A friend of mine went through something really difficult last week that had been looming for some time, and she got through it well with the best possible outcome. So I asked her how she would be rewarding herself?

Inevitably she had not thought about it but fortunately I was able to persuade her that a reward was necessary, even if it was just a bar of chocolate. “Reward yourself!” I said, “no one else will. It’s no good waiting for the universe to do it.”

Why is rewarding ourselves so important, apart from the fact that it’s an act of self love that we all deserve? Well, it’s all about balance.

When you mess something up, make a mistake, embarrass yourself or upset somebody, for how long do you berate yourself for that? How much time do you spend cringing, and worrying, and making amends or apologising? How much time do you spend beating yourself up and feeling horrible about yourself?

All of that needs to be balanced out by rewards. Our brains focus on what we feed them, so if we focus hard on the cock-ups but ignore the triumphs, our brains will conclude that our life is mostly cock-ups and will deliver our self esteem accordingly.

In one of my Facebook groups we have a weekly thread celebrating our “wins” and one of my clients said that she would feel uncomfortable posting on it because talking about her achievements felt weird, she had not been brought up that way. We discussed how never mentioning successes, but focusing on anything that goes wrong, will give her brain the impression that things are a disaster, or that at best she is hanging on by a thread, when the truth is she is an immensely successful business woman who has grown her business through a global pandemic.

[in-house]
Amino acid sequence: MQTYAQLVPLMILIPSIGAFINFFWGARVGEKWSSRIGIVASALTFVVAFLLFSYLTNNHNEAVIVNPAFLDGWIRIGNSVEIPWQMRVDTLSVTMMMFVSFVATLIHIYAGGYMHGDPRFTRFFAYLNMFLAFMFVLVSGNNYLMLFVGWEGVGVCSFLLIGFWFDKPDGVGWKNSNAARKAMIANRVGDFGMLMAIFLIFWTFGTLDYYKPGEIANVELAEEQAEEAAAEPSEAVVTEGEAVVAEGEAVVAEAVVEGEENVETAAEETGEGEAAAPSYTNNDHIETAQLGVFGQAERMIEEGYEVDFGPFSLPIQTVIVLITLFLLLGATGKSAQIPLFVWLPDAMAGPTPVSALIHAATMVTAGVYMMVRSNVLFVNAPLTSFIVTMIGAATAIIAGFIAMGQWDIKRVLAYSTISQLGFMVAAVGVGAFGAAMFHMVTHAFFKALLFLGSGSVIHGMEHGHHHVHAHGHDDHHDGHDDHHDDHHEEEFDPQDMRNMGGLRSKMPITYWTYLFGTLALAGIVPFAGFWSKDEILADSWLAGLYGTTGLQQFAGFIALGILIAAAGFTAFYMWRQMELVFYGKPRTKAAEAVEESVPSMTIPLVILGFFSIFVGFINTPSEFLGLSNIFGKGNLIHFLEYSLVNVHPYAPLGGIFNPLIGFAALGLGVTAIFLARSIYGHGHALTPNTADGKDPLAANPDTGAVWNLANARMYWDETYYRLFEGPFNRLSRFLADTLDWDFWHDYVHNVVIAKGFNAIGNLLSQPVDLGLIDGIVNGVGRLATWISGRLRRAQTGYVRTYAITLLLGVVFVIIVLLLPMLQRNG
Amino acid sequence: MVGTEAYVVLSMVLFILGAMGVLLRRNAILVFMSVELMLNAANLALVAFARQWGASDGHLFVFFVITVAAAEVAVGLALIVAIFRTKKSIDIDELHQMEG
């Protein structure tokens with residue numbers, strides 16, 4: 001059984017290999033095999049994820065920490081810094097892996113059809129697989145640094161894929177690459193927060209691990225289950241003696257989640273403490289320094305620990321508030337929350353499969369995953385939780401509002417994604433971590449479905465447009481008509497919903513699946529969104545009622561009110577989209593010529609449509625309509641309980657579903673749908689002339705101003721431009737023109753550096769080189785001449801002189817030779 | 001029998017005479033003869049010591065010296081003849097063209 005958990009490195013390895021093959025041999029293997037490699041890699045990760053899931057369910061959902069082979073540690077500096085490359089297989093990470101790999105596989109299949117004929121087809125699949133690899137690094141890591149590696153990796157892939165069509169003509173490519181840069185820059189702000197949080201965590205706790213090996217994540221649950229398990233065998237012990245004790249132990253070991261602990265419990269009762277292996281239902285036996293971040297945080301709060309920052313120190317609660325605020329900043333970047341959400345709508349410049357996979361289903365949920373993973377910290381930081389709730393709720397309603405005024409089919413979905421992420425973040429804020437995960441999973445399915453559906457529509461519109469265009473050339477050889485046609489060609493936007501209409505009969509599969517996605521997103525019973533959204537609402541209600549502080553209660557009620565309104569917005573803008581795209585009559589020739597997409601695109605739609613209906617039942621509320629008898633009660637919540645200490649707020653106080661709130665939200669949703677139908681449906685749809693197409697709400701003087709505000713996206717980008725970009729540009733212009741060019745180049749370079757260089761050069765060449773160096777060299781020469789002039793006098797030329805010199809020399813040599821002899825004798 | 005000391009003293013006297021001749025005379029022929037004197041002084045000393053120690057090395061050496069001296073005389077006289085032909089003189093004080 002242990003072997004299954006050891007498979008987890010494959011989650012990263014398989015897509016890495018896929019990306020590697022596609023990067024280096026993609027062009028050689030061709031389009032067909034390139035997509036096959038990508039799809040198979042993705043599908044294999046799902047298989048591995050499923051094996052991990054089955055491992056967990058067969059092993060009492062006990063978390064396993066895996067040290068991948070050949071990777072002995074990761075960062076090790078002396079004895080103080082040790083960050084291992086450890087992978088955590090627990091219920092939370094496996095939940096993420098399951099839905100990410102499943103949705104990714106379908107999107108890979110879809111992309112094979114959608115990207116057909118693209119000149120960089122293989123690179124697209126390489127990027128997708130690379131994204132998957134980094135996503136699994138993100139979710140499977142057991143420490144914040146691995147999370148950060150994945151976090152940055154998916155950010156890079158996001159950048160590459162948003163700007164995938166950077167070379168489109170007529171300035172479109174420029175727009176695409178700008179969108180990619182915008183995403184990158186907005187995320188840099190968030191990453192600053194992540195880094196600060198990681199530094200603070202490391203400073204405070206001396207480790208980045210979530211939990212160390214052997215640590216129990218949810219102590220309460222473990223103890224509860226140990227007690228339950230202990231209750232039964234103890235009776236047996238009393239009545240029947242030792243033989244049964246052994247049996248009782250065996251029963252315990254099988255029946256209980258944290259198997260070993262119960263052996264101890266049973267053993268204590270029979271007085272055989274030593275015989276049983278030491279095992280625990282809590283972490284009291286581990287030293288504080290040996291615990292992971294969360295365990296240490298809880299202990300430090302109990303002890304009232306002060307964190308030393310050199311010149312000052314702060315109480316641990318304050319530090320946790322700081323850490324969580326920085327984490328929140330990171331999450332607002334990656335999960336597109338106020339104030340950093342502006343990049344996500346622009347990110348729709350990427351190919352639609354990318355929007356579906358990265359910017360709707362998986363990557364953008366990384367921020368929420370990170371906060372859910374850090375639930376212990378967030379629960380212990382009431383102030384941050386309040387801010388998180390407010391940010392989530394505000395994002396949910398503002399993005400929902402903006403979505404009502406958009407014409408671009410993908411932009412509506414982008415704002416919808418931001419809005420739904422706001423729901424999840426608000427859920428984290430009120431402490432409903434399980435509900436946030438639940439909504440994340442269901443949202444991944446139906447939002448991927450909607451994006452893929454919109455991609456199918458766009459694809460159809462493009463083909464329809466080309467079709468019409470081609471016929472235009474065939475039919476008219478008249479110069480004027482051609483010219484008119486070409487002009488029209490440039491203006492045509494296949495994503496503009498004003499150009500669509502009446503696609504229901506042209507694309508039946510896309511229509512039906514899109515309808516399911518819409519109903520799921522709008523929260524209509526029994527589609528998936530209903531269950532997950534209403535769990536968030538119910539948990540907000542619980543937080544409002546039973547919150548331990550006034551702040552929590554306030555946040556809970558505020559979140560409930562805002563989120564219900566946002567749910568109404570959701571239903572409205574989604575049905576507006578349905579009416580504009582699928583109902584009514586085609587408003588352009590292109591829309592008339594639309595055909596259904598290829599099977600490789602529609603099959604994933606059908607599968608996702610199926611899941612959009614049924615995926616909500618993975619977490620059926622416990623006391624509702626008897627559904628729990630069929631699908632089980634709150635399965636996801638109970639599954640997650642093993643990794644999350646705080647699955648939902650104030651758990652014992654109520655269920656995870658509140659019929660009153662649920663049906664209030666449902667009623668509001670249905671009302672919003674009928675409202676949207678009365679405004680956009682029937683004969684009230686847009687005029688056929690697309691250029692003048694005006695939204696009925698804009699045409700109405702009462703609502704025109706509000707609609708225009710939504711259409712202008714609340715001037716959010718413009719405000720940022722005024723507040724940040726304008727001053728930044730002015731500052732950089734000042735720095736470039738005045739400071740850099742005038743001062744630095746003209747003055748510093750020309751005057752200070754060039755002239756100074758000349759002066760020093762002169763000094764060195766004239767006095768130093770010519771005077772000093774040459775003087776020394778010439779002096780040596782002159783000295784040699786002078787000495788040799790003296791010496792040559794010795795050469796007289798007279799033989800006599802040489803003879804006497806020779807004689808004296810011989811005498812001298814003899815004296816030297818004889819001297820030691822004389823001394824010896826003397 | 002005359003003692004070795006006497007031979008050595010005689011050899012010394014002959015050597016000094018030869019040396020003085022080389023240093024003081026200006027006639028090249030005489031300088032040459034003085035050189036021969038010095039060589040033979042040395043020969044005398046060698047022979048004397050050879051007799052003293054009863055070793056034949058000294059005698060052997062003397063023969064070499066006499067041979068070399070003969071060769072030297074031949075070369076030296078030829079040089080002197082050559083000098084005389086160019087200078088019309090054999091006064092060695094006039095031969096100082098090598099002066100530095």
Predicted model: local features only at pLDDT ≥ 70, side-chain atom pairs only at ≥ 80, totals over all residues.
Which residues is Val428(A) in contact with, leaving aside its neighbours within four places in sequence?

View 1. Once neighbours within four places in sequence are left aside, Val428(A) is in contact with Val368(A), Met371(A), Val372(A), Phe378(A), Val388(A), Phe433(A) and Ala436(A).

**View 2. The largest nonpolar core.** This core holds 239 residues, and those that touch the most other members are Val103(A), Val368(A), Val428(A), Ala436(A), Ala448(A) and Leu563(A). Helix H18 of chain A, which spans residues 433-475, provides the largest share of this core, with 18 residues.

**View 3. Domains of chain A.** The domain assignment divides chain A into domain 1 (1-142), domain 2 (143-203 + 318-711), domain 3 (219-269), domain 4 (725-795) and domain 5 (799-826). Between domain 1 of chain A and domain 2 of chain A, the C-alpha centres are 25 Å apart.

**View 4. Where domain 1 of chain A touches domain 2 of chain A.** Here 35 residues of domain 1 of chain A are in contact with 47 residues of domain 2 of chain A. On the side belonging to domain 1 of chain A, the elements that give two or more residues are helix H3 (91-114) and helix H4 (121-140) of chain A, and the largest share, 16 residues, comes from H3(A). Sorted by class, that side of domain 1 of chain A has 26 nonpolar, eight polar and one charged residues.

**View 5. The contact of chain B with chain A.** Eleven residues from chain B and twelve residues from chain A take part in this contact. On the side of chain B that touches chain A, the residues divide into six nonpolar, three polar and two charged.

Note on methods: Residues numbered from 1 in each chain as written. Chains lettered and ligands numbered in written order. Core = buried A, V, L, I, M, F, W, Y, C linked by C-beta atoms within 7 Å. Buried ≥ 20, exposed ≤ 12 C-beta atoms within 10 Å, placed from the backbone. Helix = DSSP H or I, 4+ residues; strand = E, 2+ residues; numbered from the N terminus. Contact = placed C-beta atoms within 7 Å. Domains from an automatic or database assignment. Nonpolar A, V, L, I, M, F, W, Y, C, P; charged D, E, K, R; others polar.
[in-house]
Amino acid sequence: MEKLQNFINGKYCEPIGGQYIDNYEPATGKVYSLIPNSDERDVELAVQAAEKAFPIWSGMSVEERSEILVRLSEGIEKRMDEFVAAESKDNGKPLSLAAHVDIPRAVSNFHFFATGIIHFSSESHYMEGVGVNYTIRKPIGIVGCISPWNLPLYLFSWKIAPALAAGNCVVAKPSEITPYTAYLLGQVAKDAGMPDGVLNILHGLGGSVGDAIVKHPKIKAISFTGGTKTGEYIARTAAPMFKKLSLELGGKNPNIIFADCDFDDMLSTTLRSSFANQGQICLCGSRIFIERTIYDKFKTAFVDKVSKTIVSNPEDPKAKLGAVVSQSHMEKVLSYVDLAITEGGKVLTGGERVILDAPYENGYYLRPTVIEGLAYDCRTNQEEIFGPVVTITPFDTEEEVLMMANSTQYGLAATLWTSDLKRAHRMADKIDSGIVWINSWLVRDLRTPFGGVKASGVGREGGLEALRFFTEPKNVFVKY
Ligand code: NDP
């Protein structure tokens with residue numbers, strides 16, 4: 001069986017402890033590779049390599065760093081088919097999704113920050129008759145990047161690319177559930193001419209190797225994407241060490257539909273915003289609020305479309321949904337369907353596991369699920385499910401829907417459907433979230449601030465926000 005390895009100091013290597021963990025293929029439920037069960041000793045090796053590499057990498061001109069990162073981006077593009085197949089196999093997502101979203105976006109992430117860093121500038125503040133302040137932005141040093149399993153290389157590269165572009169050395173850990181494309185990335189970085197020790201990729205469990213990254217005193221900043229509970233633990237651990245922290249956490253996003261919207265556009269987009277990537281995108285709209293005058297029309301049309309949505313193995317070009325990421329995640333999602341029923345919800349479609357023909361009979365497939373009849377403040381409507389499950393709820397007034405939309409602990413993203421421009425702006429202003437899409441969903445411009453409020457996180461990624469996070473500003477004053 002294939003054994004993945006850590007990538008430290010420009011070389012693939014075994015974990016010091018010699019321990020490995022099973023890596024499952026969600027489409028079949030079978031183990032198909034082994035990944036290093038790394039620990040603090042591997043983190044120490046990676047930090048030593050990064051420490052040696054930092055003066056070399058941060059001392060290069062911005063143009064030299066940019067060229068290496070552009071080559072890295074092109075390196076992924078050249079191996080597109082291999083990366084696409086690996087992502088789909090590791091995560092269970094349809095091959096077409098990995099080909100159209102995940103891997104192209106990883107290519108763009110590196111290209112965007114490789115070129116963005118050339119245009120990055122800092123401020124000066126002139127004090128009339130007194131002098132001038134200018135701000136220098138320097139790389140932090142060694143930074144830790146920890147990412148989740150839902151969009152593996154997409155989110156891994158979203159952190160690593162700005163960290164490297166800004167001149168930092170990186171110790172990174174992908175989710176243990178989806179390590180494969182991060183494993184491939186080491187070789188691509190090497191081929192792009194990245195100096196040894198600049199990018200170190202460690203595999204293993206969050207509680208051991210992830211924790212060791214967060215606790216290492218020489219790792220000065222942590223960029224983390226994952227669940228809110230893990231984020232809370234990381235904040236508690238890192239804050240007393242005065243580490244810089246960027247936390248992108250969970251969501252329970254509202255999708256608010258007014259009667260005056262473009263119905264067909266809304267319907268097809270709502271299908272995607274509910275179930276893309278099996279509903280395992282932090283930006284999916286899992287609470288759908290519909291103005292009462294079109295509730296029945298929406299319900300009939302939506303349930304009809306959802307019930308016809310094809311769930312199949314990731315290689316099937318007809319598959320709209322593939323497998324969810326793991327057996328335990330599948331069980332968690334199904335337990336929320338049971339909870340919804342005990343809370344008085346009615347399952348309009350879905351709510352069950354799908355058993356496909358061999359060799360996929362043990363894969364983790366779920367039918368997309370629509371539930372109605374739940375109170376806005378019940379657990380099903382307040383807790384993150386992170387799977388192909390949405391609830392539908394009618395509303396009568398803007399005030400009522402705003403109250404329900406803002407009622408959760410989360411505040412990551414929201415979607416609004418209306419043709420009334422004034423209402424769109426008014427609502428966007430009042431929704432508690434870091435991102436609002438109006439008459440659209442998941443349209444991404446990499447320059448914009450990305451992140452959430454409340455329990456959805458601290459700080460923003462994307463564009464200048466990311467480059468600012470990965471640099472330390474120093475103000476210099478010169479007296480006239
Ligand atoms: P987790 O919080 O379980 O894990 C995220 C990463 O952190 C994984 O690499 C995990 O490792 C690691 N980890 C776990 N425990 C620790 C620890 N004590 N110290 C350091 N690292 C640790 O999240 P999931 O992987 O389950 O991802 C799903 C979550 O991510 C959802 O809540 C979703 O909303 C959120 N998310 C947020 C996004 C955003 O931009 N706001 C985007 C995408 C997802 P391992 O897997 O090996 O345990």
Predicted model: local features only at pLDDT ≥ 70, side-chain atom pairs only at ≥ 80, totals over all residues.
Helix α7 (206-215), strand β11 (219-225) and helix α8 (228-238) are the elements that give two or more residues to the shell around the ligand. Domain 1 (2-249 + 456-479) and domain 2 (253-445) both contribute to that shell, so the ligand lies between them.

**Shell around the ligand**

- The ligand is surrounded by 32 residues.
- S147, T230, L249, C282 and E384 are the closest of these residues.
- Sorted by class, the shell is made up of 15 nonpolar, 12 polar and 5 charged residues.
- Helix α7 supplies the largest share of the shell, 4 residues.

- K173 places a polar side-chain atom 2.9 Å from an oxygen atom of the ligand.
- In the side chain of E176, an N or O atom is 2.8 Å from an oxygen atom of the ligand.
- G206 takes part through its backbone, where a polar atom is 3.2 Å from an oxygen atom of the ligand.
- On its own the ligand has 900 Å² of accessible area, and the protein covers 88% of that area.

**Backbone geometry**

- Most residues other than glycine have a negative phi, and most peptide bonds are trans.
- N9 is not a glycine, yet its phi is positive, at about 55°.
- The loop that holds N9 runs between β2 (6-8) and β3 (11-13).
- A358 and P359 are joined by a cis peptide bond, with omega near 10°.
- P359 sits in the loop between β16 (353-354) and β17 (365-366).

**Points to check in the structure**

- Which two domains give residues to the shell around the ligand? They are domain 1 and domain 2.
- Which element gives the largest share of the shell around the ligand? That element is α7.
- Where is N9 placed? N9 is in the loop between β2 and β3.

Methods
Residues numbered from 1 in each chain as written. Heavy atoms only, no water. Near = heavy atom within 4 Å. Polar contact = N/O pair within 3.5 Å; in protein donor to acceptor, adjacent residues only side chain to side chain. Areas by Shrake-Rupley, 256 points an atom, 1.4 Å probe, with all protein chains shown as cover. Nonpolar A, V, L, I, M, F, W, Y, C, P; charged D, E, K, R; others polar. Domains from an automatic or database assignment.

Rudyard Kipling says in his poem If that we should

meet with triumph and disaster

   And treat those two impostors just the same.”

That kind of stoicism may indeed be desirable, but most of us find it almost impossible to meet disaster with equanimity. If that is the case, we need to make as big a fuss about triumphs, if not bigger, as we do about disaster, in order to balance the scales and keep ourselves rooted in reality. If we do that, we may not be following the spirit of Kipling’s message, but at least we are treating the two things just the same…

Celebrating our wins and rewarding ourselves is not being arrogant, attention seeking, being “big headed” or whatever other unhelpful messages we learned in our childhood. Quite the opposite: it is helping us to keep it real. The story that we are hopeless, imposters, struggling, and so on, that is the story to be scoffed at. If we balance that story with a recognition of our wins, and a conscious effort to reward ourselves for them, we will maintain a more realistic picture of who we are: imperfect human beings who are capable of making mistakes and achieving things, regularly within the same lifetime.

So next time you feel as though celebrating a success is an uncomfortable thing to do, remember you have two sensible choices: celebrate the wins, or ignore the mistakes. Either of those will create balance. Sweat the mistakes and ignore the achievements? Your view of yourself will be an unhelpful untruth.

Helen Calvert
Coach and Director of Clear Day
August 2021

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